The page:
For a possibly cheaper option, I would also probably have her consider COSC. Either a BSBA or a BA/BS in General Studies with Concentration could probably be completed from scratch for less than TESU. At COSC she may also be able to work in a few free FEMA IS courses into her degree plan for additional savings, which is not an option at TESU. The COSC policy on non-proctored FEMA credits allows for 3 credits if there is no relevance to the degree and up to 9 free elective credits if the courses are relevant to the degree plan.

If someone completes a BS in General Studies, are they eligible for Master's degrees like MBA, MS - Data Analytics, etc?

Yes.  In example, it is very common for MBA students to not have their undergraduate degree in business. It works for other graduate degree programs as well.  Each program has admission its own prerequisites/requirements, they vary by school.

Thomas Edison State University (TESU) 
- BSBA General Management, December 2018
- ASNSM in Computer Science, December 2018
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#9
(11-04-2019, 06:55 PM)akr680 Wrote: If someone completes a BS in General Studies, are they eligible for Master's degrees like MBA, MS - Data Analytics, etc?

In general, yes. Sometimes a program will get sticky about it, but MBA programs are especially used to accepting students who have non-business degrees. A school will usually require you to take a some extra courses as prerequisites, but that's it.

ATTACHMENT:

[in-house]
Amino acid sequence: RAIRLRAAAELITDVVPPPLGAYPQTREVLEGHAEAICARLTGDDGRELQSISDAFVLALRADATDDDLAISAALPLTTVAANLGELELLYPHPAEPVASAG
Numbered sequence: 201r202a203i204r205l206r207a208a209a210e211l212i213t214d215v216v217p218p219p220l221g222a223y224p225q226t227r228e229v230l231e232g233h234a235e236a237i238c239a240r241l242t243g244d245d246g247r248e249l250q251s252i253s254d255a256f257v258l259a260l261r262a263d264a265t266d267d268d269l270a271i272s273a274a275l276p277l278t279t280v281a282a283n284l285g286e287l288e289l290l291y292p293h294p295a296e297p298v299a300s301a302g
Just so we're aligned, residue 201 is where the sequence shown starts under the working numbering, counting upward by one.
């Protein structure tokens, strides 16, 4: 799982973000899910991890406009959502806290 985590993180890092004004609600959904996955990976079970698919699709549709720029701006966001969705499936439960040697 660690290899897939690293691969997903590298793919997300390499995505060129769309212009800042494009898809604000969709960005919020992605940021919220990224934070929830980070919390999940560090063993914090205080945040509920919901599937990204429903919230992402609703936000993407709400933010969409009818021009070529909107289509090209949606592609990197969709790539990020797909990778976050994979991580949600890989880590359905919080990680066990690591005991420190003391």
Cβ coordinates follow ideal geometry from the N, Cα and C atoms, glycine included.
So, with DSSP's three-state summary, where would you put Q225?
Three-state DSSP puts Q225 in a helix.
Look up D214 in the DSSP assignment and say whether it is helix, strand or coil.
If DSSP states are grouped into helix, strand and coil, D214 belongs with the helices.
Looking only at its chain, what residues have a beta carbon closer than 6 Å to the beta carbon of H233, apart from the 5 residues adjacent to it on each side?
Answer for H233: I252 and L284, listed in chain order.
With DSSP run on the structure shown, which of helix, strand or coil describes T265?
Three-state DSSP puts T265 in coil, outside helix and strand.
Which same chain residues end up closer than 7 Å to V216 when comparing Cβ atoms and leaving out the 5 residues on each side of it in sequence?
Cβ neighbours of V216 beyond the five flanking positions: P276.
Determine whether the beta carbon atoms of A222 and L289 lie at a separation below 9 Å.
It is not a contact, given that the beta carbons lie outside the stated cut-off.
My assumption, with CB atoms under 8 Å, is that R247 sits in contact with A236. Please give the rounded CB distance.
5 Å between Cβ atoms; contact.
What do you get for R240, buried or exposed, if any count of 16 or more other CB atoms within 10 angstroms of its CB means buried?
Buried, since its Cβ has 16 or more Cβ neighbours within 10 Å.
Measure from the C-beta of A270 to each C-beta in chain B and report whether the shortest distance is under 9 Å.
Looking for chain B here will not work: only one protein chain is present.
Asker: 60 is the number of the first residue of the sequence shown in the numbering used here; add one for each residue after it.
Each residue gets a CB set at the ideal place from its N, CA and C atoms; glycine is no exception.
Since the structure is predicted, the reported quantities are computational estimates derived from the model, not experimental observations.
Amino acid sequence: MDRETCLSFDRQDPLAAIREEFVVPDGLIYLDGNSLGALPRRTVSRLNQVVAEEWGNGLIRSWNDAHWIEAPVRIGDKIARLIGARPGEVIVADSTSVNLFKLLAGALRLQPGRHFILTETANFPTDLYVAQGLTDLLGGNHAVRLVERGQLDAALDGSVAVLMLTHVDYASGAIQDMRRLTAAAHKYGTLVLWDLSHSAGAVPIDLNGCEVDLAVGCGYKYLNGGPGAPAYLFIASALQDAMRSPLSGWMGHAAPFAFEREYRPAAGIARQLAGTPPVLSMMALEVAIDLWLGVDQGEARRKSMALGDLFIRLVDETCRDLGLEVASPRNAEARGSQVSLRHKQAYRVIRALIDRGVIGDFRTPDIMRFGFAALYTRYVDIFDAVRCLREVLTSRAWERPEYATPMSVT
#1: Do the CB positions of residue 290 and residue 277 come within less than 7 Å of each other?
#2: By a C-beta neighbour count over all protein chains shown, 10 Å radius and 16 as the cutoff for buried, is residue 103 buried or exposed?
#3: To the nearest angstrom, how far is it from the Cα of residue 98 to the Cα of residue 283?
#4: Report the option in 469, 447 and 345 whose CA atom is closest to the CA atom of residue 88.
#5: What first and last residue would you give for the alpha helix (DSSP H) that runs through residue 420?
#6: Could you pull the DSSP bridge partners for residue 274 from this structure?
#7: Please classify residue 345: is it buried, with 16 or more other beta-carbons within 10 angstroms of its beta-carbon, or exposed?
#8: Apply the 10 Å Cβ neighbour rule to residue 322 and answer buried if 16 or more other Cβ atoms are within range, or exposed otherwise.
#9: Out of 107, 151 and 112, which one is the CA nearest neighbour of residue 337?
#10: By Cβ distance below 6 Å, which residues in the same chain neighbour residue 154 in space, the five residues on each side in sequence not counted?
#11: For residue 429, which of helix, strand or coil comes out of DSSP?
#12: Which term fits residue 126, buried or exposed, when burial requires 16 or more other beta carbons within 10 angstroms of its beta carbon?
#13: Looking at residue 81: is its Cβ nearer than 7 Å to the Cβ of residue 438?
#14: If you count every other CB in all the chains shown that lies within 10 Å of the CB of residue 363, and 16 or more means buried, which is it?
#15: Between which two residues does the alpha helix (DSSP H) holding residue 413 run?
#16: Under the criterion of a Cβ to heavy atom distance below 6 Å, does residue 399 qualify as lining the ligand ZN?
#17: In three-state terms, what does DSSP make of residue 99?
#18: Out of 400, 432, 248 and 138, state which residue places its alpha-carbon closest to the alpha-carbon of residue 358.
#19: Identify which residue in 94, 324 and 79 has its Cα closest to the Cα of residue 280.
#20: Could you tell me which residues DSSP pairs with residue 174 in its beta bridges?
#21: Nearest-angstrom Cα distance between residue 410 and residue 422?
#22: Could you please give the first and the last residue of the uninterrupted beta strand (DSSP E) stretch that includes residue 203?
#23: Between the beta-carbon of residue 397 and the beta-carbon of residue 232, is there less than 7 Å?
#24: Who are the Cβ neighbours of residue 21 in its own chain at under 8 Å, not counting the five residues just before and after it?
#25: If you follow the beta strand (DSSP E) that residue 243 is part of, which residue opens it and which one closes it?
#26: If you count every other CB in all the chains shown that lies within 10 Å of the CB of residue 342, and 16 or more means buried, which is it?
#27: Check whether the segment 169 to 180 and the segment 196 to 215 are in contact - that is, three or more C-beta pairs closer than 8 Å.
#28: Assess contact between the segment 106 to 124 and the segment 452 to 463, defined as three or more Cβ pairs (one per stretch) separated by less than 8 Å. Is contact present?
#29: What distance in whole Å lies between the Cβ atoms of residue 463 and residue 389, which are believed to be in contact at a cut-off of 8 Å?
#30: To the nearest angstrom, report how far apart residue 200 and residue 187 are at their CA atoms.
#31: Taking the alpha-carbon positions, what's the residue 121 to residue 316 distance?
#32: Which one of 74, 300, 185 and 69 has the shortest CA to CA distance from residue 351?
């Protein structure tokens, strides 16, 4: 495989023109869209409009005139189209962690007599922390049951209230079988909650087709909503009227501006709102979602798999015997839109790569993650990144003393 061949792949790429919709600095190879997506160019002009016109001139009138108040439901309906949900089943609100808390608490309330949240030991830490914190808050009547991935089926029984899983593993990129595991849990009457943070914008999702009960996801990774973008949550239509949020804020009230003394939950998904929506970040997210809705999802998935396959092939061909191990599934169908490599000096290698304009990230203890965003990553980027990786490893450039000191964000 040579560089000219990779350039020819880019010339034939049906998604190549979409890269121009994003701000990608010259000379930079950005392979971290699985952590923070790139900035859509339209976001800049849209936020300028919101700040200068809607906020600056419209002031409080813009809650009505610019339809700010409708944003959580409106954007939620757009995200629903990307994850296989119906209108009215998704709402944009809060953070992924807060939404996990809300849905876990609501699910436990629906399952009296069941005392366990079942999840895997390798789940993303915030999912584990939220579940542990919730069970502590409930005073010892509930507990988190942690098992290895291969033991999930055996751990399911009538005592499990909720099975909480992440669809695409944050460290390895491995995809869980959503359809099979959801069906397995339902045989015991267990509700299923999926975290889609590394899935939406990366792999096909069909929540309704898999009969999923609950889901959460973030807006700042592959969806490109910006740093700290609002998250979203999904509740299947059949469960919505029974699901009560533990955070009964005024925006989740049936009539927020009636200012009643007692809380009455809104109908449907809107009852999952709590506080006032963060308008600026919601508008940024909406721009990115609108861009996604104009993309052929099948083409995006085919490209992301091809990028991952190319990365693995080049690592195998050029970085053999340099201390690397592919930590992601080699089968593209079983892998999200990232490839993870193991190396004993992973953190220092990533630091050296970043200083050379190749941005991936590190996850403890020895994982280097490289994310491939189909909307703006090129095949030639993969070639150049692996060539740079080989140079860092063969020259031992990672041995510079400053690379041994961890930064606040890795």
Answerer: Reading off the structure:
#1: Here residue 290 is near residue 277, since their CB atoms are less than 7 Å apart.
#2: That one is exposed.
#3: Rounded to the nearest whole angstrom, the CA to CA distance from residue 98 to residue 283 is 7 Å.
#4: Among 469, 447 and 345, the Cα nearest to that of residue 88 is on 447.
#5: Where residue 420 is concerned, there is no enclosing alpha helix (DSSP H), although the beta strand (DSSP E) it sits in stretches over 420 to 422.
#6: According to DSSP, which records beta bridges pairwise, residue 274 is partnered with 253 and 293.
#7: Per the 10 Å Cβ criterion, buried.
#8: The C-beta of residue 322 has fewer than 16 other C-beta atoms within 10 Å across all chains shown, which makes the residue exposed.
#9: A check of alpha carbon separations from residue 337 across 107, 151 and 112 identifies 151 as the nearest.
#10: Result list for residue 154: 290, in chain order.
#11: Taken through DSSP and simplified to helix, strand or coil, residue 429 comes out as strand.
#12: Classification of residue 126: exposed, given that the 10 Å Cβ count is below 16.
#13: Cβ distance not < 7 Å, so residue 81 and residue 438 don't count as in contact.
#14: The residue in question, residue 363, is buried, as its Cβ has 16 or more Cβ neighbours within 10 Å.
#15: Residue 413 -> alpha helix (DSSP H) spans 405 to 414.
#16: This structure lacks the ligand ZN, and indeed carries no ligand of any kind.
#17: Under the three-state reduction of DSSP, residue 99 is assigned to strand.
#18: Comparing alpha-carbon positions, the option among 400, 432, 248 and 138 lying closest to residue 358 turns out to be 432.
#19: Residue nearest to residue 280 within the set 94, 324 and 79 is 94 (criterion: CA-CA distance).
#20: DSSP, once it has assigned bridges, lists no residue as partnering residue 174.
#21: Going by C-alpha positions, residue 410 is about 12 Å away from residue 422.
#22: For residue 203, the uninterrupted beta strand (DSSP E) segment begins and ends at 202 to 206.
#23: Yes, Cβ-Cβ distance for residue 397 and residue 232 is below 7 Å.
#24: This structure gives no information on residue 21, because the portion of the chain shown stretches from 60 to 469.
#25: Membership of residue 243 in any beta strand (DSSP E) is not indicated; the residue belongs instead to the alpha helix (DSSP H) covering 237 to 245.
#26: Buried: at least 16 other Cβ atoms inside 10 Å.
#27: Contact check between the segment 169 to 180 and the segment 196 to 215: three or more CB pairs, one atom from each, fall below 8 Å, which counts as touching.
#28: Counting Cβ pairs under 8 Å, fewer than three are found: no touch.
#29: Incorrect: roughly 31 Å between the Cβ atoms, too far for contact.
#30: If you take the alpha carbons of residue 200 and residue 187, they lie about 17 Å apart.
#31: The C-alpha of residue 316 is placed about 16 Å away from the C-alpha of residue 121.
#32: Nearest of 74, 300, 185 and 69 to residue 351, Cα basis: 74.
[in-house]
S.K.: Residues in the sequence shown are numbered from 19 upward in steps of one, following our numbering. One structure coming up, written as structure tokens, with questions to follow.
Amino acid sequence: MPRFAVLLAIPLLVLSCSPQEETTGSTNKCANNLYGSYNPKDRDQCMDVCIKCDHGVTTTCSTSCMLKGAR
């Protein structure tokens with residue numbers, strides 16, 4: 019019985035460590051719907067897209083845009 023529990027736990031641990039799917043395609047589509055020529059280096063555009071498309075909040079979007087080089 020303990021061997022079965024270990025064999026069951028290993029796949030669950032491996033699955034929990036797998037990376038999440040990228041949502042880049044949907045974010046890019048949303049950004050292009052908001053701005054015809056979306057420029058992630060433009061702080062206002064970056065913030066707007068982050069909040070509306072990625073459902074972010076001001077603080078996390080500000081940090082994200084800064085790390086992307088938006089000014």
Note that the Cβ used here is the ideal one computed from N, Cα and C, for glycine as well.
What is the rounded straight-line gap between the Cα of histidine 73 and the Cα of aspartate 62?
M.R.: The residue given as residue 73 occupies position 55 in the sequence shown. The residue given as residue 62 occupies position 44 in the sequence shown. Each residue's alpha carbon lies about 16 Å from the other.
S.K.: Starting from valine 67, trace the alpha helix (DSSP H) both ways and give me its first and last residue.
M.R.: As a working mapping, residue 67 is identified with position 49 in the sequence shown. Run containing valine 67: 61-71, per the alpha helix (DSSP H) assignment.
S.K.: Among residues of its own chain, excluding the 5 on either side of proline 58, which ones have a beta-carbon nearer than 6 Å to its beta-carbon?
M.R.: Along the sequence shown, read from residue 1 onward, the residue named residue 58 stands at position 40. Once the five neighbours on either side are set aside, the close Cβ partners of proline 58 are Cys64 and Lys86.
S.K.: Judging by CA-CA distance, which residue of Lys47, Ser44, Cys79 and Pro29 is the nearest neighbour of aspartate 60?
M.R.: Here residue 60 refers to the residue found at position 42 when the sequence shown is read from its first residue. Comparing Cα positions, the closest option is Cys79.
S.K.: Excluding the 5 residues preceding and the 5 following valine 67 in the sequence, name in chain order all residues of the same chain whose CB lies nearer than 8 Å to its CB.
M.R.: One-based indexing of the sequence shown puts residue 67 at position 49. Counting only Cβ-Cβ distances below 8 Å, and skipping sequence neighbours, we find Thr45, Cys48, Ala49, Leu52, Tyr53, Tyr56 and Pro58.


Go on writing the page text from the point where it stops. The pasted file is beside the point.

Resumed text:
In fact, when my son applied to the local state school's MBA program, they said they would "waive" some of the initial business courses because he was a recent business school grad. Essentially, their "prerequisites" were just considered part of the program.

Now the more competitive the master's program, the less likely a general degree will get you in, but finding some school that will take you can usually be done. That said, the devil's in the details. If you want to get your MS in Physics starting with your French Poetry degree, you might have a bit more of a challenge.
NanoDegree: Intro to Self-Driving Cars (2019)
Coursera: Stanford Machine Learning (2019)
TESU: BA in Comp Sci (2016)
TECEP:Env Ethics (2015); TESU PLA:Software Eng, Computer Arch, C++, Advanced C++, Data Struct (2015); TESU Courses:Capstone, Database Mngmnt Sys, Op Sys, Artificial Intel, Discrete Math, Intro to Portfolio Dev, Intro PLA (2014-16); DSST:Anthro, Pers Fin, Astronomy (2014); CLEP:Intro to Soc (2014); Saylor.org:Intro to Computers (2014); CC: 69 units (1980-88)

PLA Tips Thread - TESU: What is in a Portfolio? - InstantCert Credit
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#10
Thanks for the insight

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------------------
BS - 2020 (In Progress)
BBA, MK  University - 2003


StraighterLine : 
Accounting I, Accounting II, American Government, Business Statistics, Cultural Anthropology, Calculus I, Physics I, IT Fundamentals, Intro to Communication, Introduction to Religion, Macroeconomics, Microeconomics, Principles of Management

SDC: 
302: System Analysis & Design, 307: Software Engineering, 104: College Composition l, 104: College Composition II, 303: Management Information Systems, 311: Project Management

TEEX:  Cyber Ethics, Cyber Law

The Institutes: Ethics

CSM: The CSM Course